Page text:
We’re thrilled to announce EarlyDog, our fully managed hosting on Google Cloud servers EarlyDog: managed hosting on Google Cloud

← HeatShield Docs

ModSecurity Rules and Rule Sets

As ModSecurity is only the engine itself, it requires rules to be useful. These rules are instructions about what to look for in requests and what to do if a request matches a rule.

As rules must work together with other rules in order to provide broad security coverage, rules come in groups of rules called rule sets. Additionally, ModSecurity version 3 supports rules that influence the processing of future rules, so rules don't always act alone and must be designed to work together.

Structure of a ModSecurity Rule

A ModSecurity rule is sometimes called a SecRule because each rule definition starts with the word "SecRule" as the start of the rule definition.

After the word "SecRule" comes the four useful parts of the rule:

  1. Variables tell ModSecurity what parts of the request to look at.
  2. Operators tell ModSecurity when to trigger a rule match.
  3. Transformations tell ModSecurity how to normalize the variable's data.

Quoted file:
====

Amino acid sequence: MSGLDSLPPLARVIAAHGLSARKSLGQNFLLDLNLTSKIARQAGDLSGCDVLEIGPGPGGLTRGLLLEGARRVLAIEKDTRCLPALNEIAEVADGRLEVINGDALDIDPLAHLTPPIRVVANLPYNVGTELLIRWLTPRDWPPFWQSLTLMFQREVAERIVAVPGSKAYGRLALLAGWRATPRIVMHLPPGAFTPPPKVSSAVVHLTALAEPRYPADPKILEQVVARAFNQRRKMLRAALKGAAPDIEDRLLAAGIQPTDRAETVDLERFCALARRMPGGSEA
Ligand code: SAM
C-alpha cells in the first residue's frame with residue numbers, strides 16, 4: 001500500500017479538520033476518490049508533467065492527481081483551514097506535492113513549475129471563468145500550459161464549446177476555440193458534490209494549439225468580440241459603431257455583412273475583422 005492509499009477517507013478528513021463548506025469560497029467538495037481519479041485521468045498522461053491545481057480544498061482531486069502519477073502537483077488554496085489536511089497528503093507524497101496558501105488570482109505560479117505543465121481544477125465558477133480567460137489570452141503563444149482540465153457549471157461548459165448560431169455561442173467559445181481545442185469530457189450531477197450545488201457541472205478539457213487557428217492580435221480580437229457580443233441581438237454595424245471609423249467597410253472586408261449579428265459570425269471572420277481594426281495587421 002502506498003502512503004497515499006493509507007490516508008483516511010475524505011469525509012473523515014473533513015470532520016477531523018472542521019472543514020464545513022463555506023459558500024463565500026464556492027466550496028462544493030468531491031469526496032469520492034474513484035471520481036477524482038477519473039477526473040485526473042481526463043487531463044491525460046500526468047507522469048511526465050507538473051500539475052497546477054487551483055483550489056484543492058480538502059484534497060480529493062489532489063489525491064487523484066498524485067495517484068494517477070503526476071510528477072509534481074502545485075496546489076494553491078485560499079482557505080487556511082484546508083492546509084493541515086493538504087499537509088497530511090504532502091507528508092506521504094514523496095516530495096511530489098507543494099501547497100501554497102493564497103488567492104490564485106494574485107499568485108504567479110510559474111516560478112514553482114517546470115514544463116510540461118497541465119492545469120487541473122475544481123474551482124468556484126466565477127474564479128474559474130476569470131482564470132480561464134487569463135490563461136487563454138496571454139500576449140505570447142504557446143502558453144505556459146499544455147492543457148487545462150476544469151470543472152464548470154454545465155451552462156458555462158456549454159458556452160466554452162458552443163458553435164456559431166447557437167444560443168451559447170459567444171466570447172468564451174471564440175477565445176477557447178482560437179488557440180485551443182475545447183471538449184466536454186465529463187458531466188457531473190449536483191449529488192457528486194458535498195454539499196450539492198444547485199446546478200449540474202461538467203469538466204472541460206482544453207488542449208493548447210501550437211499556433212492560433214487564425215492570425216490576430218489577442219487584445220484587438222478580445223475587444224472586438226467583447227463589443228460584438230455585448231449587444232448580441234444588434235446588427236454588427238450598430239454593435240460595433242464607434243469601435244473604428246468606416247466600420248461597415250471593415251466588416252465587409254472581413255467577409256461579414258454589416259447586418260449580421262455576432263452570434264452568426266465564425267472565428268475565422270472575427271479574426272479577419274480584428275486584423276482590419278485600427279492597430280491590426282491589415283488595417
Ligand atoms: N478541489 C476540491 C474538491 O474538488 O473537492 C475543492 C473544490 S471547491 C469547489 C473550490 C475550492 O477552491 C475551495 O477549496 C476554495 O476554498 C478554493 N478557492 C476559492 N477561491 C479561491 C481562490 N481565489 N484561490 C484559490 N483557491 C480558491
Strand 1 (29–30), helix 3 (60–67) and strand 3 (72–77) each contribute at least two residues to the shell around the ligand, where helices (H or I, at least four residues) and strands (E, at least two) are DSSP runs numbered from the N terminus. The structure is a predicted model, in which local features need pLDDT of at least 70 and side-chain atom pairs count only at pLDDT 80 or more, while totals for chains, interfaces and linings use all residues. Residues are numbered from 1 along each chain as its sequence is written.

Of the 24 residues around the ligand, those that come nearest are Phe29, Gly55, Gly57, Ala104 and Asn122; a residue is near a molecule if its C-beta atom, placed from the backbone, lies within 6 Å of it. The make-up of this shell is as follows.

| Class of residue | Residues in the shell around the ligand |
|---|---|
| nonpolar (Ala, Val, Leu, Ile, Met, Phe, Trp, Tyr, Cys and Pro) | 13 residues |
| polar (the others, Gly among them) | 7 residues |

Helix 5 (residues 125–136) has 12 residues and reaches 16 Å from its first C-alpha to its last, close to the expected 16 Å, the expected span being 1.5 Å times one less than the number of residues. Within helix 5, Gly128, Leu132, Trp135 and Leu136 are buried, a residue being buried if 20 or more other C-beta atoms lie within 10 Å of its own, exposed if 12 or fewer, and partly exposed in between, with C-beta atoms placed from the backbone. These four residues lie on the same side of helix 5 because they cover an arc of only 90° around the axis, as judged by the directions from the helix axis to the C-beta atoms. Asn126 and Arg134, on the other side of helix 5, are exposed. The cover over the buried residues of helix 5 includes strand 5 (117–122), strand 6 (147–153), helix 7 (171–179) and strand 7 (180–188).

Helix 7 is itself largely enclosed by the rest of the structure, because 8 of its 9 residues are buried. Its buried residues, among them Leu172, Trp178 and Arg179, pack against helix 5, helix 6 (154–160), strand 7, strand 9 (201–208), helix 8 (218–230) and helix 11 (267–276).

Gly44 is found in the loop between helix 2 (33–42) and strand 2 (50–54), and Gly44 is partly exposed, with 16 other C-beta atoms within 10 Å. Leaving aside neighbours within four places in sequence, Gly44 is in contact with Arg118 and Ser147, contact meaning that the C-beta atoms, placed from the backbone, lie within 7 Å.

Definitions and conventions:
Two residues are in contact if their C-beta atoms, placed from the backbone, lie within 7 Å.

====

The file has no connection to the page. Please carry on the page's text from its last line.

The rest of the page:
4. Actions tell ModSecurity what to do when a rule matches.

These are combined into a rule as follows:


Here's an example of a simple rule that will block a request if the request path (after being normalized to lowercase) is equal to /wp-config.php.

SecRule REQUEST_URI "@streq /wp-config.php" "id:1,phase:1,t:lowercase,deny"

In practice, most rules aren't that simple. Below is an example of an actual rule from the OWASP ModSecurity Core Rule Set.

    msg:'Looking for basic sql injection. Common attack string for mysql, oracle and others',\
    logdata:'Matched Data: %{TX.0} found within %{MATCHED_VAR_NAME}: %{MATCHED_VAR}',\

You may have noticed the operator portion of the above rule:

@rx (?i)union.*?select.*?from

This strange looking string is a regular expression, also known as a regex. Regular expressions are a powerful language for pattern matching used throughout computer science and the software industry. This particular regex is checking if a string contains anywhere in it the word "union", followed by any other characters, then followed by the word "select", followed again by any other characters, and then followed by the word "union". These are SQL keywords that, when occurring in this order, may mean an attacker is exploiting a SQL injection vulnerability in an application.

For more information on the structure and capabilities of ModSecurity rules, see the ModSecurity rule documentation.

Advanced security for your WordPress sites